Extrasolar Planet Transits: A Proof of Concept

With this winter term’s Selected Topics in Astronomy class, we chose to give the new 0.7m telescope a workout and see if it could produce results fine enough to detect extrasolar planets using the transit method. The transit method focuses on the slight apparent brightness changes in a star when one of its planets orbits in front of it from our viewpoint here on Earth. Many planets have been discovered this way: The Kepler Mission has over 2800 candidates and 2600 confirmed. The TESS mission has over 2600 candidates and 122 confirmed exoplanet discoveries. So, where to start?

We chose a well-known exoplanet, visible to us in the northern hemisphere, with a predicted brightness change that should be readily visible to our equipment. The predicted transit times needed to be well established and had to start and end during nighttime, so that we could detect the entire transit event. WASP-43b became the primary target. It has a 0.81 day orbit (FAST!) and is a large planet orbiting a small diameter star (spectral type K7 V), making for large changes in brightness. All we needed was a clear night when one of its transits was taking place. Using the Swarthmore exoplanet transit search site (https://astro.swarthmore.edu/transits/transits.cgi) we found a perfectly good transit opportunity on the night of 26 January. The goal was to start photometric observation an hour before the transit started, observe through the entire transit, then end an hour after the event. The goal was achieved!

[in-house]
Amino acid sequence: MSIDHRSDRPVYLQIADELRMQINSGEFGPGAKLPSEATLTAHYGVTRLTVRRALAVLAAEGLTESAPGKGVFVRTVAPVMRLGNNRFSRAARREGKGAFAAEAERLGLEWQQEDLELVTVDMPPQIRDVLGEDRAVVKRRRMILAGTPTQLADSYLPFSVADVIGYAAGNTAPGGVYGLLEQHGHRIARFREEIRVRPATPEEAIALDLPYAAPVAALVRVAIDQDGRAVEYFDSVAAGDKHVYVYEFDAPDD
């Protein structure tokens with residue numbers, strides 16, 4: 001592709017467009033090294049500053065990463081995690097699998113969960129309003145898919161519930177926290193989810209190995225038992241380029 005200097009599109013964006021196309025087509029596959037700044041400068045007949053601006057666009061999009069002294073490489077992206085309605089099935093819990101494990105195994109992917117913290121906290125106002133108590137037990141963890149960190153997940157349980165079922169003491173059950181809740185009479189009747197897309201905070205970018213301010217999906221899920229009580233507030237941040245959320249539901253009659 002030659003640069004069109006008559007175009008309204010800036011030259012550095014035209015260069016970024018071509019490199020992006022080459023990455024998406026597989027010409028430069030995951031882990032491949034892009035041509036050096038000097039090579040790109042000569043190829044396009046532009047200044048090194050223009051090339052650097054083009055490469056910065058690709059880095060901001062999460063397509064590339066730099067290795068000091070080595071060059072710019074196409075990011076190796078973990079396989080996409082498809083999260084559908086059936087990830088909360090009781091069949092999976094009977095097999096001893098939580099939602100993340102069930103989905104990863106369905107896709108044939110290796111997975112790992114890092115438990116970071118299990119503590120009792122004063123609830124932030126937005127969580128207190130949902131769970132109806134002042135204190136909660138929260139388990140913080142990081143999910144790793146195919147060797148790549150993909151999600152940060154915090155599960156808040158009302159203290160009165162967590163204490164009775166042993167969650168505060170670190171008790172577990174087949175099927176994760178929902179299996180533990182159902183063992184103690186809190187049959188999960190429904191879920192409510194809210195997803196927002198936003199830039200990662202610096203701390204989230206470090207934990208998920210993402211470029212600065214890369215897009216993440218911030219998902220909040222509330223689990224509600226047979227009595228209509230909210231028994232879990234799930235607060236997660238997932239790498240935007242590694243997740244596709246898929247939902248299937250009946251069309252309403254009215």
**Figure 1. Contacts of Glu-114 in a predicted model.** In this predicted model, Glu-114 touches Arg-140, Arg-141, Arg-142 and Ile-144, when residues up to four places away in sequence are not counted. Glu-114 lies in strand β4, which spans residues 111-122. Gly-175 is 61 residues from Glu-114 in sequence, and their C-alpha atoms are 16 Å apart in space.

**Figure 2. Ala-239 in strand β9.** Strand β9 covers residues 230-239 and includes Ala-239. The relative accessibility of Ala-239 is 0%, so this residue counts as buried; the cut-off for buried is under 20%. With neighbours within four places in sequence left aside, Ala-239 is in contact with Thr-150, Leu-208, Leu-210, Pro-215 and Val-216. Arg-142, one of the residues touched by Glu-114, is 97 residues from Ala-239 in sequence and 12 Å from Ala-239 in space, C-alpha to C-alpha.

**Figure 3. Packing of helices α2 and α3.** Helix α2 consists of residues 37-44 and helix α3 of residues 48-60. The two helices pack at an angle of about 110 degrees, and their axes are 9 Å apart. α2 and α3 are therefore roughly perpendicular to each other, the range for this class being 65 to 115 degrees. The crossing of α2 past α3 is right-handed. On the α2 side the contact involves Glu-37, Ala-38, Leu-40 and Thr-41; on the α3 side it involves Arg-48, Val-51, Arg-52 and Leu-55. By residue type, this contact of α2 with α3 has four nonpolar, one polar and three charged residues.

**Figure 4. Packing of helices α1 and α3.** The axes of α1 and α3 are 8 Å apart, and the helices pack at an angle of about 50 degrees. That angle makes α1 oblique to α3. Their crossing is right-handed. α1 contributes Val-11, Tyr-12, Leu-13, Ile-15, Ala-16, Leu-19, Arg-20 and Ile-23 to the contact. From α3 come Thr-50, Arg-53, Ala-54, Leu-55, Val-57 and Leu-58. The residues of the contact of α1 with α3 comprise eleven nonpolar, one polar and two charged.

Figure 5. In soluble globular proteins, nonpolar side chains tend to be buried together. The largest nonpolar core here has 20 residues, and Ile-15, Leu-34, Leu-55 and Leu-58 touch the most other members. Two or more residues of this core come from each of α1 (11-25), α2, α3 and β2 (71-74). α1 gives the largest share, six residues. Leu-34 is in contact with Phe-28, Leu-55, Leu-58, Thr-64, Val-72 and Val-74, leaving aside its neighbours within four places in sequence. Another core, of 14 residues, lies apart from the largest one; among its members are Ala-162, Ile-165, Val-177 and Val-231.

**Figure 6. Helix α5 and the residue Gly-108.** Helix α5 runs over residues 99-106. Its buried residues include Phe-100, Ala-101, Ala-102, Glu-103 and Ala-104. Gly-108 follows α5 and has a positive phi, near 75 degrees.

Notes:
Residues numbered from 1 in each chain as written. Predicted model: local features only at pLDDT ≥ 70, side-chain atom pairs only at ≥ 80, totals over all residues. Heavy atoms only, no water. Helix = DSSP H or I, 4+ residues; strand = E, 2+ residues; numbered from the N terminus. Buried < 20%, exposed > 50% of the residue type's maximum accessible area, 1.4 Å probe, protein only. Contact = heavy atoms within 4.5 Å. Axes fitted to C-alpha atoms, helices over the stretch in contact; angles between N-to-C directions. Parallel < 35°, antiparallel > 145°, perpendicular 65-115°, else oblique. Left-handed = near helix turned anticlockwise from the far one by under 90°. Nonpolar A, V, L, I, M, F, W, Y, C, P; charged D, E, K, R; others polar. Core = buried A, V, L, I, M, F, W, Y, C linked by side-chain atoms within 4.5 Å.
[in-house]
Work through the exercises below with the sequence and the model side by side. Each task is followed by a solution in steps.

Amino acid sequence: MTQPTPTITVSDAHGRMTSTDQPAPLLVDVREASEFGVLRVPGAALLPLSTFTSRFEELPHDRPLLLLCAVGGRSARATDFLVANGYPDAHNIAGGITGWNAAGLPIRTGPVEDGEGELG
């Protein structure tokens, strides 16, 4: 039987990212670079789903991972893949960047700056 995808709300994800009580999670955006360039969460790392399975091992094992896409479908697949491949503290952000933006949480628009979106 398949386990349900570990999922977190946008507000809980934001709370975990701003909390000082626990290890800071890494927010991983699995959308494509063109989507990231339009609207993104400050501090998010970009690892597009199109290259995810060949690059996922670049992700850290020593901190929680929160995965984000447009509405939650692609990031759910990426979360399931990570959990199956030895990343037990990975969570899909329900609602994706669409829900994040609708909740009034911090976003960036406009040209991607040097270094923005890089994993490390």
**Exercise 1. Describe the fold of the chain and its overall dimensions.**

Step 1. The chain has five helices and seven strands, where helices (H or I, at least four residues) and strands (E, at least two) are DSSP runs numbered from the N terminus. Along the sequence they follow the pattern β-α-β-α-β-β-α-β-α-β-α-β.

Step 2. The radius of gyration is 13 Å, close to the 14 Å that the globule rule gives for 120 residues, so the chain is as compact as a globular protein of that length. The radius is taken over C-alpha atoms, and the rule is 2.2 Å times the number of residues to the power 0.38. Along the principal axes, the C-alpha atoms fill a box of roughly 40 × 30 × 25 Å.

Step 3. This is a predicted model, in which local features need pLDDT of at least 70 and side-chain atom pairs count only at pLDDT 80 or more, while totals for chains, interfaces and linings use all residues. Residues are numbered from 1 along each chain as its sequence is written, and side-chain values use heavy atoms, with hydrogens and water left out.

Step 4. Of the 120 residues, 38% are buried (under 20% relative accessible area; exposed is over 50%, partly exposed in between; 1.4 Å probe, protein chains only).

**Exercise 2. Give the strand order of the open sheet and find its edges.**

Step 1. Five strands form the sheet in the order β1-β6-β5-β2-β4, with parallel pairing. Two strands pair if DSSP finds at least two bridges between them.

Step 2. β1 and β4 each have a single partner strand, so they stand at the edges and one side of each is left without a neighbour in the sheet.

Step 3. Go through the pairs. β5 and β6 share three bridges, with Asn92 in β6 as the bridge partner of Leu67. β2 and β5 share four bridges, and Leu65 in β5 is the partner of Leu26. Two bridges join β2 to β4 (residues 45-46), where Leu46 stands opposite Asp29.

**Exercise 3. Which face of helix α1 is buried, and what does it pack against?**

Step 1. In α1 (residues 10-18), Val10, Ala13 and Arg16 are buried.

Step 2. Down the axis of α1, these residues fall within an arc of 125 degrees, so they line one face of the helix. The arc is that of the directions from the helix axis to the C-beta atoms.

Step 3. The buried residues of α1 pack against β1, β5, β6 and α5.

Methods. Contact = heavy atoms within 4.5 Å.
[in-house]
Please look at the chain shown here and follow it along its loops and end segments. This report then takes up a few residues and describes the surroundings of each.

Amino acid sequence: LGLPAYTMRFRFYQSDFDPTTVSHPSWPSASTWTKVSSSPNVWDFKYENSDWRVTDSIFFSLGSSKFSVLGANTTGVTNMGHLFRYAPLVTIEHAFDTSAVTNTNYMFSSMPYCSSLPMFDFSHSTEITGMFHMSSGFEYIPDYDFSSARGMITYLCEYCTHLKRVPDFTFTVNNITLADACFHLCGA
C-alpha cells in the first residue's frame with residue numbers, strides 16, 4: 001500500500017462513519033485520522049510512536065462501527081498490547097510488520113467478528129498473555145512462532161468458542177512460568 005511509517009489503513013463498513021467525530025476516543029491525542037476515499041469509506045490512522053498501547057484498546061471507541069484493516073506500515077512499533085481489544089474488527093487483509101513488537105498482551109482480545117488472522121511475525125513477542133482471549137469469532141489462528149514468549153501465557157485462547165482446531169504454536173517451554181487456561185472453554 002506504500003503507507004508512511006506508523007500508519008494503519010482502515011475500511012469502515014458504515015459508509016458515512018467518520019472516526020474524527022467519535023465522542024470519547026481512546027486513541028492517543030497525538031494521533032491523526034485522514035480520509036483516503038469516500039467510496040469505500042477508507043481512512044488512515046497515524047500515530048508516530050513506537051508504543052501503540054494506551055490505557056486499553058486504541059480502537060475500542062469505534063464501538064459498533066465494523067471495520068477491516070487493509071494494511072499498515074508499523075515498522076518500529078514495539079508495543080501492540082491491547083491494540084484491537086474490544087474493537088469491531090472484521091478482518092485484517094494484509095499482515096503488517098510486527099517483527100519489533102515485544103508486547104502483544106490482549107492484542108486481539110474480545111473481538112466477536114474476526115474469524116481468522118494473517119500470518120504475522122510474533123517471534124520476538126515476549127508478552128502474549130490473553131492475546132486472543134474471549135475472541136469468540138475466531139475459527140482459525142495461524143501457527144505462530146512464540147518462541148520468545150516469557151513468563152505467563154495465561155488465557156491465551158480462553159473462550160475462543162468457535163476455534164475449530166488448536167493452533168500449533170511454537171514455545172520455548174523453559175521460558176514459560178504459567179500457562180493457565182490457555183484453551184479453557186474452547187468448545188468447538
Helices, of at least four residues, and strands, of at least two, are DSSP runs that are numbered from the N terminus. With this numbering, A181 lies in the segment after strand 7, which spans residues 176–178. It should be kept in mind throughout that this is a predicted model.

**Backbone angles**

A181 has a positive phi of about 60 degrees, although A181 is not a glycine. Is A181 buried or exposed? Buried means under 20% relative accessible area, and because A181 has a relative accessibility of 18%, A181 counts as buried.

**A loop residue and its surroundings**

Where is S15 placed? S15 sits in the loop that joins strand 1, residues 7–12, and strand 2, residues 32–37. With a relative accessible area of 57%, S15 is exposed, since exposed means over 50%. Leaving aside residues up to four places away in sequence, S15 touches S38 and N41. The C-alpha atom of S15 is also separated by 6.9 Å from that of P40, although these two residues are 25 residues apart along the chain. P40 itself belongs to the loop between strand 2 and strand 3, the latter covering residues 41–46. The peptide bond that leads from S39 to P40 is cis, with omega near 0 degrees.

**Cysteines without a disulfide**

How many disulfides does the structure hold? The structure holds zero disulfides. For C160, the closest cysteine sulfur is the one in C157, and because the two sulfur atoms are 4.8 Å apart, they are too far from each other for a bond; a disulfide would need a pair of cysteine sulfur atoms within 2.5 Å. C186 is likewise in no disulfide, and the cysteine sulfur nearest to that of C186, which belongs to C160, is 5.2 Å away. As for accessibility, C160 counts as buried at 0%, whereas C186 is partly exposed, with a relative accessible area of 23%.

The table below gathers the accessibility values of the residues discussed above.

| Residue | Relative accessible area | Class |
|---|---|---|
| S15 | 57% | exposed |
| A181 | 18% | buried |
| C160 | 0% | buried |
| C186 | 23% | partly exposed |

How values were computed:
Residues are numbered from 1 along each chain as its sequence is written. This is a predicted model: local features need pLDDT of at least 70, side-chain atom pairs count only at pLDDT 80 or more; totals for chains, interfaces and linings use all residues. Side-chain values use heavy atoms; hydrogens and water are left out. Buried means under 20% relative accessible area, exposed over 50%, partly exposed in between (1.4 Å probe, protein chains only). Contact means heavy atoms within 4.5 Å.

Rc Magnitude vs Time (J.D.) for the transit and the check star.

Images were taken in rapid cadence, one minute integrations each, through an Rc filter to minimize the Earth’s atmospheric effects.

The image above shows the results of the data capture: two plots. The upper plot shows the magnitude of WASP-43 changing through the transit period in J-C Rc magnitudes. X: Time in J.D. Y: Rc observed magnitudes. The bottom plot is of a check star used to validate the data set. We used reference and check star Rc magnitudes from the AAVSO for this study. Note the error bars are small: these represent systemic errors in the measurements based on signal-to-noise values of the individual images. The variances in magnitudes, which are on the order of 0.010 mag, are caused by atmospheric changes and seeing conditions. Exeter, NH is very close to sea level, so we have a lot of air mass to observe through. With these conditions the dip of about 0.040 magnitude in WASP-43’s brightness was easily seen: a success!

This is also an indicator of the observatory’s capabilities. We now know that a typical winter observing run can expect 0.010 magnitude fluctuations in seeing conditions and that a star with m=12, we can expect an excellent signal-to-noise ratio. What’s next? To work on assisting scientists with solidifying the orbital periods of other less known exoplanet systems.